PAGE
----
Mental Illness is highly prevalent in our society - 45% of Australians aged between 16 and 85 will experience a mental illness at some point in their lives, and 20% will suffer from mental health issues during any given year.
Given these statistics, employers will likely deal with at least a few employees who have mental health issues annually.
So, what is expected of an employer in this situation?
The first step is to understand that there are many types of mental illness. Depression and anxiety are very common, and fall into the category of mood disorders. Other types of mental illness include personality disorders or psychotic disorders, amongst others.
Generally speaking, a person getting appropriate treatment for a mental illness can be an active contributor in the workforce and the community, and the vast majority of people suffering from mental illness do not pose any risk to others.
A mental illness may develop separately from the workplace, for example due to issues stemming from the sufferer's personal life. However, the average employee loses 3.2 work days per year due to the impact of dealing with workplace stress - so it is clear that the workplace can be a significant contributing factor in mental health issues.
An employer has a duty of care to ensure that the workplace is safe and healthy for employees. Employers need to identify workplace practices or actions which could cause or contribute to mental illness, and eliminate or significantly reduce the risks associated with these.
This includes preventing bullying or harassing behaviours, ensuring that managerial staff are trained in properly dealing with performance management and with staff who are experiencing mental health issues, and even limiting situations where excessive alcohol use may be encouraged.
Employers should take steps to ensure that those workers who are suffering with their mental health have access to appropriate resources, including flexibility to attend medical appointments, ease in accessing days off when necessary, and perhaps in-house counselling sessions or a mentoring program.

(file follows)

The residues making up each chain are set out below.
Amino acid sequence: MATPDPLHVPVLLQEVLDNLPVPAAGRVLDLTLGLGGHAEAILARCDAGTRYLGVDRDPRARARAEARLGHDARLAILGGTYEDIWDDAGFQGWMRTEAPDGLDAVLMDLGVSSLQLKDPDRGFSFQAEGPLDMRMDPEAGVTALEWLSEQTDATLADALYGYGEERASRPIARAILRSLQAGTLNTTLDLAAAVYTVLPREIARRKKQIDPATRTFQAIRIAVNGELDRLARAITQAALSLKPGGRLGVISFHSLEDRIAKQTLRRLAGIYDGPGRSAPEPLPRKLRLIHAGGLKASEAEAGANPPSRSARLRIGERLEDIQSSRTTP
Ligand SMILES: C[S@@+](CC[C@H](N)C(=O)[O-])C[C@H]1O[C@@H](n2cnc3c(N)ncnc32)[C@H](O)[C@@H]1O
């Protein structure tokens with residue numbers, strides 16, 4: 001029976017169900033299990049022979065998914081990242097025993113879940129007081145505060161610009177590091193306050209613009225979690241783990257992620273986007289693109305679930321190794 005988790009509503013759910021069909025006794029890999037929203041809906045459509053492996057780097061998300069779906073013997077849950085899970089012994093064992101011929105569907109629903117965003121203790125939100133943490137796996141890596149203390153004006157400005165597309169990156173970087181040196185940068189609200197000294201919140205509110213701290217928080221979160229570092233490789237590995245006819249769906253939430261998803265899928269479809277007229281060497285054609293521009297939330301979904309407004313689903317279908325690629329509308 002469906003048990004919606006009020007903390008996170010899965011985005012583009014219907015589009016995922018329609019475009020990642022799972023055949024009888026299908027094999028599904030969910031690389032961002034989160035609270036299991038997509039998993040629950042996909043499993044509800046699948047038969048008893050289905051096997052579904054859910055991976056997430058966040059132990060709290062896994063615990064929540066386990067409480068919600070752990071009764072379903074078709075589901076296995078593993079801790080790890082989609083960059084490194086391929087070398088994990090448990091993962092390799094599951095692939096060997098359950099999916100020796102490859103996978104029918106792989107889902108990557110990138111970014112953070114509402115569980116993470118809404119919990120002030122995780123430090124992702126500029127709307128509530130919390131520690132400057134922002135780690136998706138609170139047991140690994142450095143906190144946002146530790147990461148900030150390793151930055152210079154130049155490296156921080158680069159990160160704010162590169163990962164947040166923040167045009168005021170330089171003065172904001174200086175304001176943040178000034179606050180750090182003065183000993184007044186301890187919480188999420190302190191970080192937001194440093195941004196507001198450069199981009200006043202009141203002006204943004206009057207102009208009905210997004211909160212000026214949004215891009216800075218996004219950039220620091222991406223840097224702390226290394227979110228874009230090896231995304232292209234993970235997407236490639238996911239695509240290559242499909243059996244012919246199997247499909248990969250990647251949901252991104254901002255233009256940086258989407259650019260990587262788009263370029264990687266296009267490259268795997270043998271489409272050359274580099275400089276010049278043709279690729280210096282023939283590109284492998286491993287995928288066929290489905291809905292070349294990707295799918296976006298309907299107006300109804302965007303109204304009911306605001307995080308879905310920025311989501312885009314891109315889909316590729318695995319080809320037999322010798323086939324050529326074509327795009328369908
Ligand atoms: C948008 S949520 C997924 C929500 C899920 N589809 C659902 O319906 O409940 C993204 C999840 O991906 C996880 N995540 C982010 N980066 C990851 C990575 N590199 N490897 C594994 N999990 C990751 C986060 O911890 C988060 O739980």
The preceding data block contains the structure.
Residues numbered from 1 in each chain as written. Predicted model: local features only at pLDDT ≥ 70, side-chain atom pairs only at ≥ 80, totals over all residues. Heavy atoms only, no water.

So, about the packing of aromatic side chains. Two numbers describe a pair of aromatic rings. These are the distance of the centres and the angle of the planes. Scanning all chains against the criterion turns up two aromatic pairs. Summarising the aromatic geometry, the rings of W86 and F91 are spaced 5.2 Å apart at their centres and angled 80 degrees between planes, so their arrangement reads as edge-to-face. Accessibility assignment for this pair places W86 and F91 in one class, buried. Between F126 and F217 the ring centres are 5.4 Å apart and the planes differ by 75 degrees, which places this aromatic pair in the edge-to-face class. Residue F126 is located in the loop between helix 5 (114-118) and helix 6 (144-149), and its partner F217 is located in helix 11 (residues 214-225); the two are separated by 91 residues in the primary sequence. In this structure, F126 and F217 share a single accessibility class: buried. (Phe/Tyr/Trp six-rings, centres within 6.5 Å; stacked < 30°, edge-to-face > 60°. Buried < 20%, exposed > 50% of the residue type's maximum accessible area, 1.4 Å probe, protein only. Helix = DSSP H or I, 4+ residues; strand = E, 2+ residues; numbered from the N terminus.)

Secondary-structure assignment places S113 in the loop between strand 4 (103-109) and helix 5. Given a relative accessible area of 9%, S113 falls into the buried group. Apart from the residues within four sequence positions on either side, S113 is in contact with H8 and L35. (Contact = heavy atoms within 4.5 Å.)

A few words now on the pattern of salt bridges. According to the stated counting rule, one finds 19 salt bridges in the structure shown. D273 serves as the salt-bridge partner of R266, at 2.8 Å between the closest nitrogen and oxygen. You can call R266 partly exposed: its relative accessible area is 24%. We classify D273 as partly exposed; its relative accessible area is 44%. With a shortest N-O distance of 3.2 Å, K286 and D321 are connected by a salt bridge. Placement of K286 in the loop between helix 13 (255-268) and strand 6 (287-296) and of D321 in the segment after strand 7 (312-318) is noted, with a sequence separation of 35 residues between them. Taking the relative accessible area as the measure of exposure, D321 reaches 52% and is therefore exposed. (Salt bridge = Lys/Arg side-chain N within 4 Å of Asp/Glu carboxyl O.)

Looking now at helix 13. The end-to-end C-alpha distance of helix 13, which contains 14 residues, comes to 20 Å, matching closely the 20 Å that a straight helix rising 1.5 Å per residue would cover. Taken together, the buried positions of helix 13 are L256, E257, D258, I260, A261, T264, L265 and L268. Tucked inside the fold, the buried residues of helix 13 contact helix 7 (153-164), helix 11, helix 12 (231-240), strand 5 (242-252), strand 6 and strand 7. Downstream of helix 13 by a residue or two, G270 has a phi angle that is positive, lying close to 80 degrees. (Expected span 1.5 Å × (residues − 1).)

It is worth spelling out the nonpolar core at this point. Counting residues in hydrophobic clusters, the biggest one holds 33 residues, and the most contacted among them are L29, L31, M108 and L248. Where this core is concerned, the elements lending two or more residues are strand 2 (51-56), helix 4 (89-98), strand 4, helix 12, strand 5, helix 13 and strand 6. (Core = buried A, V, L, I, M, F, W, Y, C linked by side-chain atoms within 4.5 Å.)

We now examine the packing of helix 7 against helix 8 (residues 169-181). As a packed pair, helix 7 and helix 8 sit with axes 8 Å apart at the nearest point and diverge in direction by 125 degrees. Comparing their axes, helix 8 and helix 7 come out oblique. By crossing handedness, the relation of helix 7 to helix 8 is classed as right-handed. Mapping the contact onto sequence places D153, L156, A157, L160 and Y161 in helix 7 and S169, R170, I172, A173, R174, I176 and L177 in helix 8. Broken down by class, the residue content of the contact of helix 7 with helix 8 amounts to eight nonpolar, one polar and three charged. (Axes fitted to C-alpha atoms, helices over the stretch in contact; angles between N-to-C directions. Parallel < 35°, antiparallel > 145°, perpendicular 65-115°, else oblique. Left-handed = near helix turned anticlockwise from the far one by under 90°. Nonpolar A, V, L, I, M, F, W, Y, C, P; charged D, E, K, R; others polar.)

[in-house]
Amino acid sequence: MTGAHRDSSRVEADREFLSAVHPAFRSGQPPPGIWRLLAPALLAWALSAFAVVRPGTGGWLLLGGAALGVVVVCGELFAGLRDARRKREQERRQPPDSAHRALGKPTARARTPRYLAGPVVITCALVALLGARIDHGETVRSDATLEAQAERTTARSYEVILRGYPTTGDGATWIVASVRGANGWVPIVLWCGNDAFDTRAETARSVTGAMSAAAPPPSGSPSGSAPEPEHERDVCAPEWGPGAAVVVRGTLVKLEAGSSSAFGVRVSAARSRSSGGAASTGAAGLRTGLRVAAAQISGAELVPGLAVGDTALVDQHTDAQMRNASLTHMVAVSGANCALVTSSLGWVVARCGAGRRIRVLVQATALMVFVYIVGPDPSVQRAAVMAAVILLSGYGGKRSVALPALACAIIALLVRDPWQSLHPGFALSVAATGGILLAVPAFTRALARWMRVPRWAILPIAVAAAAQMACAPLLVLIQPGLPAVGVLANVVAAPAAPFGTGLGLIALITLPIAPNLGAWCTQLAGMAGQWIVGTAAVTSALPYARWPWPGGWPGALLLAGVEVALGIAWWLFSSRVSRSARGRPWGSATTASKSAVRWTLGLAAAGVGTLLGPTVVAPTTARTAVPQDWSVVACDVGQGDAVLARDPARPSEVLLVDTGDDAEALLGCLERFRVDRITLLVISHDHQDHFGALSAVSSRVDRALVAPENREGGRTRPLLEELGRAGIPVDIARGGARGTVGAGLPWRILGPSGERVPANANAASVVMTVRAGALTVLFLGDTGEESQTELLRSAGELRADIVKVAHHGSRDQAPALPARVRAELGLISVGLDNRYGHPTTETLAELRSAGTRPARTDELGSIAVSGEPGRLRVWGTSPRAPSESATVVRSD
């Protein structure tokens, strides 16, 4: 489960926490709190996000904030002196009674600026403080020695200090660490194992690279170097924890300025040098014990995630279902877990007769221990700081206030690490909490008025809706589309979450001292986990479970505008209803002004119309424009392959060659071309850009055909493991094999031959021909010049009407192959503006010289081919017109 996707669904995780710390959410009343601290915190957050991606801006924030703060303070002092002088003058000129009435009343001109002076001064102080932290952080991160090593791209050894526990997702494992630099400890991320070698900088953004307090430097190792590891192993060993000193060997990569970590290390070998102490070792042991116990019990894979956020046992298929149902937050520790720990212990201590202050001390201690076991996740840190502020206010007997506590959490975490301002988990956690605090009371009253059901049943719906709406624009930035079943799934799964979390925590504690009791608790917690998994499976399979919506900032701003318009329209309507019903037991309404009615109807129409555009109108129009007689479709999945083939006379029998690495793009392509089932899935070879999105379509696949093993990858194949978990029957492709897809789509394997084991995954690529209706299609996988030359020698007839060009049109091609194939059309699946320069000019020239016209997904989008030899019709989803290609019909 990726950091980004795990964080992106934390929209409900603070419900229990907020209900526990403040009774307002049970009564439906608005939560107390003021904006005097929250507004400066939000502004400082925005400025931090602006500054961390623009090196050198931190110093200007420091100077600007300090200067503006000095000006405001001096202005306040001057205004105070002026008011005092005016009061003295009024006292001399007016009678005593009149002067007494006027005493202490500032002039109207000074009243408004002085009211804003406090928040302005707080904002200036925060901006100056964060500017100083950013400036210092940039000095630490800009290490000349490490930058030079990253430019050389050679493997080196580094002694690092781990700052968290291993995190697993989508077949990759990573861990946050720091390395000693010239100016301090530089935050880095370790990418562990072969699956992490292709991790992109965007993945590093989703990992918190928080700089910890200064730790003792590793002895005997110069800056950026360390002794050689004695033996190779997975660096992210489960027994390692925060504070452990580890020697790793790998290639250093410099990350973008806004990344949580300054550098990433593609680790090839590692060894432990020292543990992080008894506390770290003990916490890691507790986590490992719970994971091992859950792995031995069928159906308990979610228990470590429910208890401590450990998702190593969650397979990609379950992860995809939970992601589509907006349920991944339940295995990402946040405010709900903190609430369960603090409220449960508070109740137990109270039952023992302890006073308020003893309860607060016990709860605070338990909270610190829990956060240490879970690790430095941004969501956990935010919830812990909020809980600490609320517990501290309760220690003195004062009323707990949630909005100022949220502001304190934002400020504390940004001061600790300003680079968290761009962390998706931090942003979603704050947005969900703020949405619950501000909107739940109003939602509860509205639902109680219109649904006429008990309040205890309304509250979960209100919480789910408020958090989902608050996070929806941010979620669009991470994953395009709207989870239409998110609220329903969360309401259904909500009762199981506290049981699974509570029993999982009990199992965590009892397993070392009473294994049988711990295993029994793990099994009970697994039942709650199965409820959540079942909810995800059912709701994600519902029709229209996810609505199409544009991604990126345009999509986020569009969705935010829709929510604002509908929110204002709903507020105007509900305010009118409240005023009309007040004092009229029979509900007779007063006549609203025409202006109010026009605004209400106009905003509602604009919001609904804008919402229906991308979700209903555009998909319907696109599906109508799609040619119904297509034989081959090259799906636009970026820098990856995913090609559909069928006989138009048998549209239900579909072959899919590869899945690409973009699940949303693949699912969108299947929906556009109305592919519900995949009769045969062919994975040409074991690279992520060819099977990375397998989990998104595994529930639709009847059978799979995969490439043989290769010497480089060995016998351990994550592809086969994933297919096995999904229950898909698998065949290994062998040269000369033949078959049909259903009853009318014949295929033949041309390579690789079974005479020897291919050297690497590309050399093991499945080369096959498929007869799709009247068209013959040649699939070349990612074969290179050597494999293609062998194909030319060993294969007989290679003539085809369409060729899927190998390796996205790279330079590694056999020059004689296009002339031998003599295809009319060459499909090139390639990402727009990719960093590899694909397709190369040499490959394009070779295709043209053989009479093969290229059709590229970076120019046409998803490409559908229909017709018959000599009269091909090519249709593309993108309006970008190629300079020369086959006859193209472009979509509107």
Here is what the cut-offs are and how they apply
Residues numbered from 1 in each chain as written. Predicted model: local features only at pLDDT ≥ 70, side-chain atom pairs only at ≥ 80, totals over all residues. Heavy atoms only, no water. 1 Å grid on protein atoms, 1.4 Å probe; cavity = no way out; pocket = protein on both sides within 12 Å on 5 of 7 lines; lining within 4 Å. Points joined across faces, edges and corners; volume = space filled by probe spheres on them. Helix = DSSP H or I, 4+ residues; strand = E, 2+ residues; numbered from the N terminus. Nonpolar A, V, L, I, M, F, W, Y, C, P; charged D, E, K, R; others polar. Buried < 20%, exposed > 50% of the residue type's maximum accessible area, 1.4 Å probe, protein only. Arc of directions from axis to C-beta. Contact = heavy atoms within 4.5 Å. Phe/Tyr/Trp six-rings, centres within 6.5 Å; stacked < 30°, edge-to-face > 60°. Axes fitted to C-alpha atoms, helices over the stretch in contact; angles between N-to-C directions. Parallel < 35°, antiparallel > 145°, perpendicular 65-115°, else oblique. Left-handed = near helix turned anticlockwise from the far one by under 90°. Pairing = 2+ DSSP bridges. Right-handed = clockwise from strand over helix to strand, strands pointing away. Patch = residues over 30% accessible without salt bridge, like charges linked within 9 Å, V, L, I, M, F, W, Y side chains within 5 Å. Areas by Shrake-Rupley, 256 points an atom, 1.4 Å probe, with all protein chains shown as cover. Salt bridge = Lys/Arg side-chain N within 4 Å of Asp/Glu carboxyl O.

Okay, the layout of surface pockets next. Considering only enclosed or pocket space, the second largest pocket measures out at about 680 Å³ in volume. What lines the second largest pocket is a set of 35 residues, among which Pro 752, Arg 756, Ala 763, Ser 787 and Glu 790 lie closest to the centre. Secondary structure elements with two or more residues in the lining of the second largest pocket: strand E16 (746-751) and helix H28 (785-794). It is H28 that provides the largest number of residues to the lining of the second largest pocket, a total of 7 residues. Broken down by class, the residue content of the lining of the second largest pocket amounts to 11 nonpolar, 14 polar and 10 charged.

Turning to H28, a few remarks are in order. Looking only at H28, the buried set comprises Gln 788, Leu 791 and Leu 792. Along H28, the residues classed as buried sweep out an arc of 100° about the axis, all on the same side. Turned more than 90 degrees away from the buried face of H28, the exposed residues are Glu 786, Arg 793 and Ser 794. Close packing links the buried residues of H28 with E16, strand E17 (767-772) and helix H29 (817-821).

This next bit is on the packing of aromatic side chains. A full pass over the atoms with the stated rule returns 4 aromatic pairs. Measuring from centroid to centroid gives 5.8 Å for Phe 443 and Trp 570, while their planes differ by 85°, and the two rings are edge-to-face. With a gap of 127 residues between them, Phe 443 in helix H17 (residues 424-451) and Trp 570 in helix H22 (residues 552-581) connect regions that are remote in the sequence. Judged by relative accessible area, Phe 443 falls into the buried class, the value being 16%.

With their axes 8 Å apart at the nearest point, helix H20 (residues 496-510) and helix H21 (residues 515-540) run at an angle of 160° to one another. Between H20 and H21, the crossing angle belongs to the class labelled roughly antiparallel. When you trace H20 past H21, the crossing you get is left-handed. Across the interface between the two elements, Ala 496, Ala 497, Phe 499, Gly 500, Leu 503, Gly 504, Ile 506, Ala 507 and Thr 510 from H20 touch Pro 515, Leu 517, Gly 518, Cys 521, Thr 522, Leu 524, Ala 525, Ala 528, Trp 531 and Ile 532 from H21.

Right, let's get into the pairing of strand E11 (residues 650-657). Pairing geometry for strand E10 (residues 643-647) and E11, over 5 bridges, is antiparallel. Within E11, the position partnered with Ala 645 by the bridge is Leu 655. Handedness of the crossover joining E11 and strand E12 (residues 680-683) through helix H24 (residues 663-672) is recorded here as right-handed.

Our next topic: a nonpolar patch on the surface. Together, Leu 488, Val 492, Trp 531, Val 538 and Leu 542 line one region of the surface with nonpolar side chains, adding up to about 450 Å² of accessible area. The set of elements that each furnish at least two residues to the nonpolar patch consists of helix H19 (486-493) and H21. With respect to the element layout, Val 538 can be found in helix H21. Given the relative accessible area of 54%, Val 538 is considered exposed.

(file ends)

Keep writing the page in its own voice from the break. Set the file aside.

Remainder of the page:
When dealing with an employee who has reported their mental illness, employers should be prepared to ask questions such as:
From a legal perspective, an employer is also required to ensure that workers are not discriminated against or subjected to any adverse action because of their mental health status.
In developing a strategy for dealing with mental health issues in the workplace, employers should consider how they can encourage workers to be comfortable in disclosing their status. This will require members of the HR team to be equipped with the skills to ask the right questions.
Employers can also inform staff who they suspect may be struggling with their mental health about an option to seek confidential support for an Employer Assistance Program or external professional advisor.
In circumstances where an employer is concerned about a worker who is displaying symptoms of mental illness but has not disclosed any conditions, the supervisor should be appropriately trained and prepared to open a dialogue with the employee.
Alternatively, an employer could monitor data such as employee workload, unexplained absences or lack of productivity, and seek the employee's consent to obtain medical information. Armed with this information, an employer can create a flexible environment within which each worker can be encouraged to perform at their best.
It is incumbent on employers to remember that they must balance the potential risks to all of their employees.
Although they cannot discuss an employee's mental health status, if the employer is genuinely concerned about the potential impact on colleagues or the business itself, appropriate steps can be taken to performance manage or otherwise discipline the employee.
However, in taking such action, it is crucial for an employer to ensure that it is poor performance or risky behaviour which is managed or disciplined, and that the worker concerned is not discriminated against on the grounds of their mental health status.
Employers should also consider developing a mental health policy. This document can be used to demonstrate that all staff are entitled to confidential support free from discrimination, harassment or bullying, regardless of their mental health status.
It can also be used to demonstrate that staff who are acting inappropriately in the workplace cannot simply rely on their mental illness as an excuse to endanger themselves or others on an ongoing basis.
Key issues which should be address in the policy include:
Navigating your way to a mentally healthy workplace isn't easy. If you'd like assistance in encouraging a supportive work environment in your organisation, including drafting mental health and anti-bullying policies and creating appropriate performance management programs, contact us.
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